Selenium deficiency, mineral deficiency
Selenium (Se) is deficient in many Arkansas soils; therefore, an experiment was conducted on steers to evaluate the effects of two supplemental Se sources on performance, blood metabolites, and immune function. Thirty Angus-crossbred steers were blocked by weight and assigned within block to one of 15 pens (two steers/pen). Pens were assigned randomly within blocks to one of three dietary treatments consisting of a corn-soybean meal supplement devoid of supplemental Se (negative control, NC) or corn-soybean meal supplements providing 1.7 mg supplemental Se/d as sodium selenite (inorganic Se, ISe) or as Se yeast (organic Se, OSe). Steers were offered fescue hay to allow for approximately 10% refusals, and 1.1 kg/d (as fed basis) of the appropriate grain supplement. Level and source of supplemental Se did not affect average daily gain for the 105-d trial. By d 42, steers fed both sources of supplemental Se had greater blood Se concentrations than those fed the NC. On d 63 and 84, blood Se concentrations differed among all dietary treatments (NC < ISe < OSe), and on d 105 steers fed both sources of supplemental Se had greater blood Se concentrations than NC. Antibody response to vaccination for bovine respiratory viruses, or in vitro lymphocyte blastogenesis did not differ among steers fed the different diets. Both sources of supplemental Se increased blood Se concentrations, the organic source more rapidly than the inorganic source; however, Se level and source had minimal effects on immune function of weaned beef steers.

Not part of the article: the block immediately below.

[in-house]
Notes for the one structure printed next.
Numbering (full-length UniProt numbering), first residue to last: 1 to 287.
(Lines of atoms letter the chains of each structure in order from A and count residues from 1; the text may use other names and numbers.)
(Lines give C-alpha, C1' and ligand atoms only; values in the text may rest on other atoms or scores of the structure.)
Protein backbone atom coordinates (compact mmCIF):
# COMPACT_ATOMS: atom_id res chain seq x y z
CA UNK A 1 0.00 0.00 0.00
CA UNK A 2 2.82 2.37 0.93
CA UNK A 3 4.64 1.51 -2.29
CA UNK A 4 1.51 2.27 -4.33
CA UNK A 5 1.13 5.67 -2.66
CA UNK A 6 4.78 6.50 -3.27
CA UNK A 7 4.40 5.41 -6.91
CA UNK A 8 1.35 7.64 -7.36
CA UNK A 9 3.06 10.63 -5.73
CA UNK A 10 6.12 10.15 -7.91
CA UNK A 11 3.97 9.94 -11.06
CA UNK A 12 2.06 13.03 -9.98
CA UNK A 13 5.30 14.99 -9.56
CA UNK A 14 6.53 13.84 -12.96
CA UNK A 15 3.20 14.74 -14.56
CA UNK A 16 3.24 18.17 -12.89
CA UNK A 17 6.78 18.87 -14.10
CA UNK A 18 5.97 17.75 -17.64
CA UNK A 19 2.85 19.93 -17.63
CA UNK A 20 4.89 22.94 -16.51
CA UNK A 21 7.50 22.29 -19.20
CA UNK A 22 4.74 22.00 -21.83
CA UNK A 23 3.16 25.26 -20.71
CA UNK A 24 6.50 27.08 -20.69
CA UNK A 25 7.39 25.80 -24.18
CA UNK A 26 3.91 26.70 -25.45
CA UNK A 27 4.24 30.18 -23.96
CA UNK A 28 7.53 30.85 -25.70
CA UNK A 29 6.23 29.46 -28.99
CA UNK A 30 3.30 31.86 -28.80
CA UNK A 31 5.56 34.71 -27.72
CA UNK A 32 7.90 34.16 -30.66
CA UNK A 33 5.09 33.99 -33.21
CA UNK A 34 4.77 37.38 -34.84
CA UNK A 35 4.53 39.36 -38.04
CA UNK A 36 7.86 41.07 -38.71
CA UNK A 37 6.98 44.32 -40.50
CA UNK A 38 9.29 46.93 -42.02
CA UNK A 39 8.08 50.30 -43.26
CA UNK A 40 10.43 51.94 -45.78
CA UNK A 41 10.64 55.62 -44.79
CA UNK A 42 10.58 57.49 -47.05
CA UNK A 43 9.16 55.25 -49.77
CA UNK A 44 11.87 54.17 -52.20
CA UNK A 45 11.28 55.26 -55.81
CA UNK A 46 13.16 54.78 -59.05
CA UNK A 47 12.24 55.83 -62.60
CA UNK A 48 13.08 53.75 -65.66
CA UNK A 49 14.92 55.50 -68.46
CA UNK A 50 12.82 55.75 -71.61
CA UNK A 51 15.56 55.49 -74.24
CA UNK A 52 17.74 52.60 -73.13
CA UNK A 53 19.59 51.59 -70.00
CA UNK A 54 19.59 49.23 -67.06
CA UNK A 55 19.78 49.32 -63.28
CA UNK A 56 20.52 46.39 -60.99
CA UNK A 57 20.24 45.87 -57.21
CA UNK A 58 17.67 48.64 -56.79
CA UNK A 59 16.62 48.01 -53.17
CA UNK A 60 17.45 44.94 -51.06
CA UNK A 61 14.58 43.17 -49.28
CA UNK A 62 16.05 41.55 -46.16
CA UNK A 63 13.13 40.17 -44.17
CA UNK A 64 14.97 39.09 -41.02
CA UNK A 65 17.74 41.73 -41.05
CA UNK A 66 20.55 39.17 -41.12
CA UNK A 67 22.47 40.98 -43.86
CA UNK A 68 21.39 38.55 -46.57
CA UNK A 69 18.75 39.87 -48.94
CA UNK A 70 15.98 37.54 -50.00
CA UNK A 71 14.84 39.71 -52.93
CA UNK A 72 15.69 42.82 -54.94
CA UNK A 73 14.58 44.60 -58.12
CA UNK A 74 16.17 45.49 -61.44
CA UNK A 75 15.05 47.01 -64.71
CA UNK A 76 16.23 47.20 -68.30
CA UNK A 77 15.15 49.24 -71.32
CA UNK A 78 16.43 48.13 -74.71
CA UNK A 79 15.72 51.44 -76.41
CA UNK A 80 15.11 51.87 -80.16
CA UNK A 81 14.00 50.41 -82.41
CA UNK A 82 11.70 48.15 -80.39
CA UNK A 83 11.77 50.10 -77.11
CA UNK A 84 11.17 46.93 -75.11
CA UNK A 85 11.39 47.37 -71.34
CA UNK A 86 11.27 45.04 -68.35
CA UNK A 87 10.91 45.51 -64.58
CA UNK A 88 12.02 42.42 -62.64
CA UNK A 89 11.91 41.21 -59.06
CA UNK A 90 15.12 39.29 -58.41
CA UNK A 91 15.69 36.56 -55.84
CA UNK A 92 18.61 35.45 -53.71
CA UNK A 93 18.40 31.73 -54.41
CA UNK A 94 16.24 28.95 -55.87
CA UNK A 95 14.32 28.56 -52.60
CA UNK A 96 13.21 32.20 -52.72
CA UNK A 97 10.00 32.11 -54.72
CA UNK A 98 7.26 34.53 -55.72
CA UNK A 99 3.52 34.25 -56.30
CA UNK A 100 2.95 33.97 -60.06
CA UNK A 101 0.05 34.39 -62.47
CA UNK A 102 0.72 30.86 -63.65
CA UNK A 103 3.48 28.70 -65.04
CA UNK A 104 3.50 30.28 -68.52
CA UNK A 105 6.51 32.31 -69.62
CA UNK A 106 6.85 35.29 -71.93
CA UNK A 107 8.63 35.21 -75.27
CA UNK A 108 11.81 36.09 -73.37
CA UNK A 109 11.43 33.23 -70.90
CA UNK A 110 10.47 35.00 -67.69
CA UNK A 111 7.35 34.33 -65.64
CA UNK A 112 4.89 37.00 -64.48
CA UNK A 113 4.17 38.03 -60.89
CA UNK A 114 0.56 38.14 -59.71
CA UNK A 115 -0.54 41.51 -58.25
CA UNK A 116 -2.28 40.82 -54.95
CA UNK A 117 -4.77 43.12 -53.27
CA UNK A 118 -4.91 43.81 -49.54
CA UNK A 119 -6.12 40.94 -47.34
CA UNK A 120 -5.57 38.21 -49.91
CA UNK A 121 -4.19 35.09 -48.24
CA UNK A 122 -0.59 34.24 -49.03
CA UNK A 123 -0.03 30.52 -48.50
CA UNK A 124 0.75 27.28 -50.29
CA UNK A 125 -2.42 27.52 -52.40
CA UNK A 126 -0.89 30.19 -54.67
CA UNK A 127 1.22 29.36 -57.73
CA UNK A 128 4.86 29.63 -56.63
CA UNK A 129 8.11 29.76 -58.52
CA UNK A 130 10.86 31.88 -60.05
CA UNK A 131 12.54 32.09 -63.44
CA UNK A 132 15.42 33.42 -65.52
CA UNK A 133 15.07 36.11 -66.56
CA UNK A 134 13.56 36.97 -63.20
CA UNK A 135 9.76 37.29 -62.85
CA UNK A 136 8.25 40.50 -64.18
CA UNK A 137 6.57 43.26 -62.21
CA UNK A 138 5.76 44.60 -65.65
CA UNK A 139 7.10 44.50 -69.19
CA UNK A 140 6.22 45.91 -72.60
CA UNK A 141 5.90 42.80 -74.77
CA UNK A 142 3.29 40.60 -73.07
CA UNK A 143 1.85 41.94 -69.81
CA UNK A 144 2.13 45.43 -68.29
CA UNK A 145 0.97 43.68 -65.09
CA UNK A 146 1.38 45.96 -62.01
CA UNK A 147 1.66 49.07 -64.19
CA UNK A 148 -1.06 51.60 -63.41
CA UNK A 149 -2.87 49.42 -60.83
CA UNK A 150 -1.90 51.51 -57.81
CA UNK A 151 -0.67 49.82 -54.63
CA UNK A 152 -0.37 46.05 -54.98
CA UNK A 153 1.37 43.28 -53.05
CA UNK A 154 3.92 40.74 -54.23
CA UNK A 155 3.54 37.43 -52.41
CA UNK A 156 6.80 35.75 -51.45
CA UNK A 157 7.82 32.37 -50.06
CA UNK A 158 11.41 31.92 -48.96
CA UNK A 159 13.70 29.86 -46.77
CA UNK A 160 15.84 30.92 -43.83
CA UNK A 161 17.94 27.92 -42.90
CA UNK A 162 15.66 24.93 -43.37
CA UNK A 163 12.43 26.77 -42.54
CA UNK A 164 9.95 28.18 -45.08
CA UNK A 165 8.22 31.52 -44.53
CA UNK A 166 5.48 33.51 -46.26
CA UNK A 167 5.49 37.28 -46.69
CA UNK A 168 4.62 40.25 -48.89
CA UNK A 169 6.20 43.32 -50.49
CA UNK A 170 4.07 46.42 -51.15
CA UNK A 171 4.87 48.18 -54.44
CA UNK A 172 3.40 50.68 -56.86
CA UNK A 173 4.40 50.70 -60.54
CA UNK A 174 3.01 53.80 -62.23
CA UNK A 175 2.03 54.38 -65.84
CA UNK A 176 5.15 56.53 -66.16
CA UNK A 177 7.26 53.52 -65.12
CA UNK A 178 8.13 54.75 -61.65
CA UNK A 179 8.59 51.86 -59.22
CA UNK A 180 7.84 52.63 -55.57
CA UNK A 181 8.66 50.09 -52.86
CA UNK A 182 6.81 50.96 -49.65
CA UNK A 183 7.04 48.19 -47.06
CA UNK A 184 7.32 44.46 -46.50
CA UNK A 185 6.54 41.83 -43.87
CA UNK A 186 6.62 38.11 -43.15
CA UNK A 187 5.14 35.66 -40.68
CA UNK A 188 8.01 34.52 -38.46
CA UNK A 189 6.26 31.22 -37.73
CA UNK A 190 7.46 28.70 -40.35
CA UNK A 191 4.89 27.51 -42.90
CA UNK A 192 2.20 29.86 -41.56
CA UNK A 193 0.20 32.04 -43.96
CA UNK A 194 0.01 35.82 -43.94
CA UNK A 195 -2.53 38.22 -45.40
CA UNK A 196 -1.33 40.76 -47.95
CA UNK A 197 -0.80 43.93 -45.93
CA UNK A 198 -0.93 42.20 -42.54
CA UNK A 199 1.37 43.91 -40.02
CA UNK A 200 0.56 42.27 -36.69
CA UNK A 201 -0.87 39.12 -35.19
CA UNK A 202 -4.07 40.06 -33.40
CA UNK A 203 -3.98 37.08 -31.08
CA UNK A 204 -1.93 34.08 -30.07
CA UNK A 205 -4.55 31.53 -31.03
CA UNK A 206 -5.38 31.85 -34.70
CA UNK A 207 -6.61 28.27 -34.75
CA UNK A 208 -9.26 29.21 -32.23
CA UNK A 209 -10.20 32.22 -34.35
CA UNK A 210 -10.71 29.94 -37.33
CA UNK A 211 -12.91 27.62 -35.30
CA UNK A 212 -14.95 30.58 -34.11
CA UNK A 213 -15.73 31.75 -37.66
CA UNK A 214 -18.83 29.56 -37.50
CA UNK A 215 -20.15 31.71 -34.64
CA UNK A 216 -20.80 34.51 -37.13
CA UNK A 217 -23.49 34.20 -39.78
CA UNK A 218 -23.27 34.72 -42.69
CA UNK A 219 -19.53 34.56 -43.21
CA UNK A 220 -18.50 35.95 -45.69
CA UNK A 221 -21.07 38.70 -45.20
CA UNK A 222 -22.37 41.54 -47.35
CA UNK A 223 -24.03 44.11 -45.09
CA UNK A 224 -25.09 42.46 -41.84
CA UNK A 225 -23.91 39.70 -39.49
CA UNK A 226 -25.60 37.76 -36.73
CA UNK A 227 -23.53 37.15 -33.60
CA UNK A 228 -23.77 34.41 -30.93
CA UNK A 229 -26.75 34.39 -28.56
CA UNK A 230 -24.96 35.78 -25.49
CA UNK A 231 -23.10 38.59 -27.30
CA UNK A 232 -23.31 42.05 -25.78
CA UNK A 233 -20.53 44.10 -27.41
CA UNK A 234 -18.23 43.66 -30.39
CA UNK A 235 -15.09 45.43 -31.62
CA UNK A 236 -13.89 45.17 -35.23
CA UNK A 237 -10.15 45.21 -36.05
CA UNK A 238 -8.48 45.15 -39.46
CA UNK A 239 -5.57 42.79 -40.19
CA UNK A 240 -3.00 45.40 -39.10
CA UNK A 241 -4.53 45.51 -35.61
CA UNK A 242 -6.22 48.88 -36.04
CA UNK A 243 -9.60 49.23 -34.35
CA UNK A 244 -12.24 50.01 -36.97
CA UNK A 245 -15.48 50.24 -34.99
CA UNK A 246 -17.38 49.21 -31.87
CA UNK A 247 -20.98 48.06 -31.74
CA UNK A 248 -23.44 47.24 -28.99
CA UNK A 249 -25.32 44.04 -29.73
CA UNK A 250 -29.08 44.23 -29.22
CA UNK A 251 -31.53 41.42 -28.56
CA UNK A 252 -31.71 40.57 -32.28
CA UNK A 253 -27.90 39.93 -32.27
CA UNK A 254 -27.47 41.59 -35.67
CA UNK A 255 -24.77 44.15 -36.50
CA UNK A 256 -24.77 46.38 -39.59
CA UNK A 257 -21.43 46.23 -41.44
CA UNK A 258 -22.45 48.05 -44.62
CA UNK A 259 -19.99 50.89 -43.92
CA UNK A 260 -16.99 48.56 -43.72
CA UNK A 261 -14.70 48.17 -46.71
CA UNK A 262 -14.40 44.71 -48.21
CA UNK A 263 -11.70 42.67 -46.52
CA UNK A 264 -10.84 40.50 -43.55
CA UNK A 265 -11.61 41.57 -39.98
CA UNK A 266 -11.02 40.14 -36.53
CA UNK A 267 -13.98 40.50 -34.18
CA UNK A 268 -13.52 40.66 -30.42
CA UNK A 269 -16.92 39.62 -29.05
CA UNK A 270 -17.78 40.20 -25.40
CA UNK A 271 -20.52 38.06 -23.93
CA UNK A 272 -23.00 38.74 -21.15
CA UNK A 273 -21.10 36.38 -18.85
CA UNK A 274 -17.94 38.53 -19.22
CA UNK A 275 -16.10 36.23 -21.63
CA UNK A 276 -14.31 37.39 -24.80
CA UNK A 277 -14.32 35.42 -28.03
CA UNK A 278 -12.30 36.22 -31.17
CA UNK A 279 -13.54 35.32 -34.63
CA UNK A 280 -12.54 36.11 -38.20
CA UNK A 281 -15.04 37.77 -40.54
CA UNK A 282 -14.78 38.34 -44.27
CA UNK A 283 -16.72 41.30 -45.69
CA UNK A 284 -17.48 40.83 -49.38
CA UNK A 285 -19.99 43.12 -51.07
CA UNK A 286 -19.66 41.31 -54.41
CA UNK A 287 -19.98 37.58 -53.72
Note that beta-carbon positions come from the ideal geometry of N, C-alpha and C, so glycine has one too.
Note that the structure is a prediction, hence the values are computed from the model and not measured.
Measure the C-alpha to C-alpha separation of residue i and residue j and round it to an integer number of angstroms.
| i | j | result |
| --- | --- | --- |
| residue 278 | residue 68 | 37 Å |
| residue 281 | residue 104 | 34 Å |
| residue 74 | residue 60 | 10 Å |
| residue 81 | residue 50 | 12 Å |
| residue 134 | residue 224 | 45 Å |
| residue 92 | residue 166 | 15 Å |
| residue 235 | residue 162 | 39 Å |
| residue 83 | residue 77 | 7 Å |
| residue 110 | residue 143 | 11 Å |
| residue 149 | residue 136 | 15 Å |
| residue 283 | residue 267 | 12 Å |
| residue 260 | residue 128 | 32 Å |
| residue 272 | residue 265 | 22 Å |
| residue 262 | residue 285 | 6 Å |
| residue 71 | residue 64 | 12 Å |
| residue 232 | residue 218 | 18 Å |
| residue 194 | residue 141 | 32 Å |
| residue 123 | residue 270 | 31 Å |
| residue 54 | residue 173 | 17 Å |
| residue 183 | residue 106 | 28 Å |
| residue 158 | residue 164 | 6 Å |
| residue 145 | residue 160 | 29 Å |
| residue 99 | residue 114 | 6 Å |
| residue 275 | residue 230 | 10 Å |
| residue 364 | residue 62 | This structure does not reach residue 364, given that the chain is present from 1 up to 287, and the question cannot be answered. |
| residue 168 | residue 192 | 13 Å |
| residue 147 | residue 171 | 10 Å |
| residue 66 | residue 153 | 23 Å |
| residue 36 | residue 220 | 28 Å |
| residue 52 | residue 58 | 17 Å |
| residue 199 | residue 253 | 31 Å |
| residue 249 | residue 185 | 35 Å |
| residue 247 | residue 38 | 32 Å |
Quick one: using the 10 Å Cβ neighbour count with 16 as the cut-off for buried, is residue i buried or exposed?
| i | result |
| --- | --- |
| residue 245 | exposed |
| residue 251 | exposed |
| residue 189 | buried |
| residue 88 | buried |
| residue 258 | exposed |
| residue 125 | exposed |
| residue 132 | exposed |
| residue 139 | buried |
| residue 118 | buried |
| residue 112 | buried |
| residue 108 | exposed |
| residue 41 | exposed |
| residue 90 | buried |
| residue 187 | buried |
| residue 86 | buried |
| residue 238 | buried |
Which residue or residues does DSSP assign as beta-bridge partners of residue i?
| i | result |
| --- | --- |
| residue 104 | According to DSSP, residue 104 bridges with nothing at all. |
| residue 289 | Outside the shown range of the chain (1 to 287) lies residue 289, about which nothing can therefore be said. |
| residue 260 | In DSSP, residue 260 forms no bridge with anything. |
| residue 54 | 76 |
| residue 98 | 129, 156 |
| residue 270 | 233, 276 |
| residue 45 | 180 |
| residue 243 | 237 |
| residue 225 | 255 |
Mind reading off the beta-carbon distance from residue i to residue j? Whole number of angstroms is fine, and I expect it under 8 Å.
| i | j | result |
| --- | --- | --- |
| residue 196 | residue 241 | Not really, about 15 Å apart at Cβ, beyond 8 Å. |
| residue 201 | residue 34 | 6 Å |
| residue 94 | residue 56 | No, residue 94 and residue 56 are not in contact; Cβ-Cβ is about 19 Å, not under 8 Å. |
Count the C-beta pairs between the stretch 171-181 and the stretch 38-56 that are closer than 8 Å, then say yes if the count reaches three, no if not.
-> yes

Fry, S., Kegley, E. B., Davis, M. E., Ratcliff, M. D., Galloway, D. L., & Dvorak, R. A. (2005). Level and source of supplemental selenium for beef steers. Discovery, The Student Journal of Dale Bumpers College of Agricultural, Food and Life Sciences, 6(1), 15-22. Retrieved from https://scholarworks.uark.edu/discoverymag/vol6/iss1/6